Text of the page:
So the entire evening there are all these bizarre, yet finely tuned exchanges going on at the public meeting, as people angle and maneuver to engage their Lords or blank out those to be snubbed. It is a symbolic dance whose many subtleties would require a book in order to properly describe every nuance. Yet to an outsider observing the scene it might appear that nothing very remarkable was taking place.

But nearly everyone present is involved in a complex social waltz, whose ultimate effect is to prevent any possibility of an open, honest, spontaneous or sincere gesture of any kind. Still, at rare but key moments it is suddenly not like a waltz at all, but becomes a funky boogie where you can pick up points for style, with a deftly executed knife in the back separating the men from the boys.

It's a scene you can get sick of pretty quick, and a lesson in democracy no schoolboy's textbook can teach you.


If the preceeding article seems sorta familiar to some of you longtime regular readers, it's because it first appeared in the print version of The Baystate Objectivist around 1993. It's interesting, and sad, how well it still holds up after all this time. Since 1998, it has existed online at a Geocities website that was a predecessor to this one. But now Geocities is going out of business, as reported in TechCrunch:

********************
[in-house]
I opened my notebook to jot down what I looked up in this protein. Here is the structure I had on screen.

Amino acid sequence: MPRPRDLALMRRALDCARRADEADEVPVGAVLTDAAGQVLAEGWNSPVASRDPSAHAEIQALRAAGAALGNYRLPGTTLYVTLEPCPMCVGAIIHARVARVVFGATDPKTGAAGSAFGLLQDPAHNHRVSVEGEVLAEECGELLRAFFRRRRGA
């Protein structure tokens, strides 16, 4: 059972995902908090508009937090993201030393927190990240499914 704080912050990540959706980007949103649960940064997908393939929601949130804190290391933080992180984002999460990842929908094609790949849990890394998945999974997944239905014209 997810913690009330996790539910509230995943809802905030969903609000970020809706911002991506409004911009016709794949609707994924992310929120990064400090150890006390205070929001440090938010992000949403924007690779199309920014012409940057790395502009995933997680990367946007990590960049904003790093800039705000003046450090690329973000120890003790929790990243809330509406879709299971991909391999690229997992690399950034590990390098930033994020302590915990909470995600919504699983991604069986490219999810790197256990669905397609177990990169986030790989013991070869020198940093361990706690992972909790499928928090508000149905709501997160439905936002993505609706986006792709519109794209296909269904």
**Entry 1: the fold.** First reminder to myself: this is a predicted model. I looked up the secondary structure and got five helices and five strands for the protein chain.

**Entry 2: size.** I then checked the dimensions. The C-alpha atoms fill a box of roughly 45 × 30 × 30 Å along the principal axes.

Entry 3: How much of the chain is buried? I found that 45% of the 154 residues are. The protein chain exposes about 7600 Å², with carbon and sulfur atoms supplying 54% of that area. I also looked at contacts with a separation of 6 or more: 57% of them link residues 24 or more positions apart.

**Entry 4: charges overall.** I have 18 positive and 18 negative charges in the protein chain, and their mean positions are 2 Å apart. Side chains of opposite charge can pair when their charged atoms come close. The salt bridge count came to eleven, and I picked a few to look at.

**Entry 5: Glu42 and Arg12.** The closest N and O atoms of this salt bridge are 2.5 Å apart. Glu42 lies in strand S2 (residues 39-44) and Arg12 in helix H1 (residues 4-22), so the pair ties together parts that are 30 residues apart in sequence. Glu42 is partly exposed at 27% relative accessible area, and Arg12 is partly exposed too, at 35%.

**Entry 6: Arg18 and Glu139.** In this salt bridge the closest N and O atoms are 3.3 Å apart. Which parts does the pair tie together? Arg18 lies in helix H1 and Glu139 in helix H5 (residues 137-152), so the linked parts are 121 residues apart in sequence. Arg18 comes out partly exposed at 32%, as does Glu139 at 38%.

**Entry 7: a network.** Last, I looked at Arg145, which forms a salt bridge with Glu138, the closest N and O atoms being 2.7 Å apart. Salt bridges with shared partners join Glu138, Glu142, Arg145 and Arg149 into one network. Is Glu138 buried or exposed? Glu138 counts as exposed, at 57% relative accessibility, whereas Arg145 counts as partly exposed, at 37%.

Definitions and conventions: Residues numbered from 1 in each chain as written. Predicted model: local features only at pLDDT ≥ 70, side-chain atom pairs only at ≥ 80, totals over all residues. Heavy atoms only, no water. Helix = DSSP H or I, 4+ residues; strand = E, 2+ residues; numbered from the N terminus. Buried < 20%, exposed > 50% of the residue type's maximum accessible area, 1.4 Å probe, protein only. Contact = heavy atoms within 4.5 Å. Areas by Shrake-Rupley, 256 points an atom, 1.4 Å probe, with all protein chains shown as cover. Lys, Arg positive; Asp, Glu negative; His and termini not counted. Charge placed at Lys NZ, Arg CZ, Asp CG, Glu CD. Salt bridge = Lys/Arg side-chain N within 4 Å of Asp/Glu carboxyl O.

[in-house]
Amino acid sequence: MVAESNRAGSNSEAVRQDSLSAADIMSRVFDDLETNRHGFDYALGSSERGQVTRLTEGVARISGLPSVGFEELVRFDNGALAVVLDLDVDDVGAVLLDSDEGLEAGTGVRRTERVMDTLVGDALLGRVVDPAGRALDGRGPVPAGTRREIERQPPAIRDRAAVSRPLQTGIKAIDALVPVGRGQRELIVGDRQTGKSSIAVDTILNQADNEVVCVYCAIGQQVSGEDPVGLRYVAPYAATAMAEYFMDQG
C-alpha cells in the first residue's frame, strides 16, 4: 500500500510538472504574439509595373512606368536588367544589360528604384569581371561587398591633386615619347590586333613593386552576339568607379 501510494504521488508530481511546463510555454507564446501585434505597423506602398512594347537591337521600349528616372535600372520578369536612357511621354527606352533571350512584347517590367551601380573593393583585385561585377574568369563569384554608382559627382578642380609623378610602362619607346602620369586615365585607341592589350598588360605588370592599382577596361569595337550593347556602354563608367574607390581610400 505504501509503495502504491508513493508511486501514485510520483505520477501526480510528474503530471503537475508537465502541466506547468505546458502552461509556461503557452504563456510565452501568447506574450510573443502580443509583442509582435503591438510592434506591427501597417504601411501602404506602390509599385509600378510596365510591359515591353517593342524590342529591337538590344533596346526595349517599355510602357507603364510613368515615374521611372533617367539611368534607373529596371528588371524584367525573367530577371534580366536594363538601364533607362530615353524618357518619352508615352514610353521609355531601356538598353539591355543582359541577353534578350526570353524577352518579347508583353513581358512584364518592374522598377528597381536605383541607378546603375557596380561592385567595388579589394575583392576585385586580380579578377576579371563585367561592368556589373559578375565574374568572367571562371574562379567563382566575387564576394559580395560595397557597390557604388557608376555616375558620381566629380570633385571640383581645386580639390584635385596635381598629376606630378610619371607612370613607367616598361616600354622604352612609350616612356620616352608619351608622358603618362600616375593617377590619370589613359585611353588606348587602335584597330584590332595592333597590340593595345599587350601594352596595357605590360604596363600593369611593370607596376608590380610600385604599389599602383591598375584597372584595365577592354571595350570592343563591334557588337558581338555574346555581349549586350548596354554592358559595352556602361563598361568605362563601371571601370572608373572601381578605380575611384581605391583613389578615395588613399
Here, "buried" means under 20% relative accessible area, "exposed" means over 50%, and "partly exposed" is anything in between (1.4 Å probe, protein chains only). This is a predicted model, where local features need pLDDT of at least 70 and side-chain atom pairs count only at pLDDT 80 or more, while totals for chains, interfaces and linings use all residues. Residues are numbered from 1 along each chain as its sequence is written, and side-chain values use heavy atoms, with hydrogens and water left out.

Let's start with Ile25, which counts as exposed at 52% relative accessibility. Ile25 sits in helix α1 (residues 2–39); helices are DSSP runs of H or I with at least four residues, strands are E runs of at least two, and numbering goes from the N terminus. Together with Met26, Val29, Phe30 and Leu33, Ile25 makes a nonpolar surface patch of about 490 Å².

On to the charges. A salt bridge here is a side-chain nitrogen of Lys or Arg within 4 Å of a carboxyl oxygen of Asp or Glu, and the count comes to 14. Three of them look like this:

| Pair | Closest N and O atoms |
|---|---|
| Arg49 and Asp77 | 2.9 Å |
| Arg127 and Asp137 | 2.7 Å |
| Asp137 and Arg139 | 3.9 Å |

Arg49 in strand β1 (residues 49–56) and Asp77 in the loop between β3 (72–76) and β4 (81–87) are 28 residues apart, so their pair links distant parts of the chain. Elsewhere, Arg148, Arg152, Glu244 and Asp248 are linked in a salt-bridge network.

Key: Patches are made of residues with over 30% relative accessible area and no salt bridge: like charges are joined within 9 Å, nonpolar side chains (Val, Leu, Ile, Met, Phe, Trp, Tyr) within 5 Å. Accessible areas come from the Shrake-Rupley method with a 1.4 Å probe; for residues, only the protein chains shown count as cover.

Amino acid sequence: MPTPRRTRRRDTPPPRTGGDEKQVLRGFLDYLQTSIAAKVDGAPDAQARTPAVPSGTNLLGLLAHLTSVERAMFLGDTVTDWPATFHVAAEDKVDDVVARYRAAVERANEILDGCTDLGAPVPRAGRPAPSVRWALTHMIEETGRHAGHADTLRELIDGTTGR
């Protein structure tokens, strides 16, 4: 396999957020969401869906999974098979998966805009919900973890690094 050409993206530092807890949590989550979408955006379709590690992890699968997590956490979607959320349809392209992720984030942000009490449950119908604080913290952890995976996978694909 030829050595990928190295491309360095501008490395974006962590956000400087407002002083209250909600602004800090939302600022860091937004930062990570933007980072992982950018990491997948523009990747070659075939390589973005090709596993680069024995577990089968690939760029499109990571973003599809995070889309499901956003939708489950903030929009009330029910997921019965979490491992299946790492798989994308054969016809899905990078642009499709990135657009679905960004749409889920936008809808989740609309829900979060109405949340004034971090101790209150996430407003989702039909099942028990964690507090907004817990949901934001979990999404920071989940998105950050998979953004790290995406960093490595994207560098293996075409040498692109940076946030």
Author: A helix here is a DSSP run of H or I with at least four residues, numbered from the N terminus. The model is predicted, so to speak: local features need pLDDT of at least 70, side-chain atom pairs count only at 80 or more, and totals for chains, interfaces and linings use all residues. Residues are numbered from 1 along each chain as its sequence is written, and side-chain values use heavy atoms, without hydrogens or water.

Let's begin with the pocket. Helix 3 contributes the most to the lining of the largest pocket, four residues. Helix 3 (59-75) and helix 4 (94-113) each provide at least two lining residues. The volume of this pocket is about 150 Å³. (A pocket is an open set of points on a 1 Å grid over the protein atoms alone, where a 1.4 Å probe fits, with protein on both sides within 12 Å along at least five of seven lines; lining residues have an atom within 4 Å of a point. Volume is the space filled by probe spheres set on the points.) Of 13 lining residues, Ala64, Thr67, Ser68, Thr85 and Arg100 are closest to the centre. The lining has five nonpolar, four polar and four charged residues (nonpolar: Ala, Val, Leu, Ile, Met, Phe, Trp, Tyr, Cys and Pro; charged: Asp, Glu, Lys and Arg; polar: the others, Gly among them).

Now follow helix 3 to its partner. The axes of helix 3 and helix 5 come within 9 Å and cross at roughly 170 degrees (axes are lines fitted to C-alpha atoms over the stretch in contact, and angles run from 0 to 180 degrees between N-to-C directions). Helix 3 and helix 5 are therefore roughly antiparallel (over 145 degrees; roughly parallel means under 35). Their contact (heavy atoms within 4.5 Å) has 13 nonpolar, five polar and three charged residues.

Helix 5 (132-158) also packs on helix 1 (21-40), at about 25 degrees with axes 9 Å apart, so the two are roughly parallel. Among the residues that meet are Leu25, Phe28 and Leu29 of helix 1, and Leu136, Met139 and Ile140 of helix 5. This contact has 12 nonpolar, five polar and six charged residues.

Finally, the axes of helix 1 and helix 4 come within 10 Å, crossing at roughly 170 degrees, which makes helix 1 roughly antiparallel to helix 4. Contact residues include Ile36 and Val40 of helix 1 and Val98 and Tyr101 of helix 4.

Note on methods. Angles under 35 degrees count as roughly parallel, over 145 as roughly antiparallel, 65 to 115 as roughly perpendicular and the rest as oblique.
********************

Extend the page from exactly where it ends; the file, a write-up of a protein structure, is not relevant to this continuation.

Not with a bang, but with a whimper. Yahoo! is unceremoniously closing GeoCities, one of the original web-hosting services acquired by Yahoo! in 1999 for $2.87 billion. (Fun venture fact: Fred Wilson’s Flatiron Partners was an investor). In a message on Yahoo!’s help site, the company said that it would be shuttering Geocities, a free web-hosting service, later this year and will not be accepting any new customers....

There are plenty of other Website creation and hosting services out there, including blog platforms such as Wordpress, Blogger, and Typepad, as well as Website creation and hosting services such as Ning, Webs, Jimdo, Snapages, Weebly, and countless more. GeoCities never really kept up with the times, but always remained a decent pageview generator.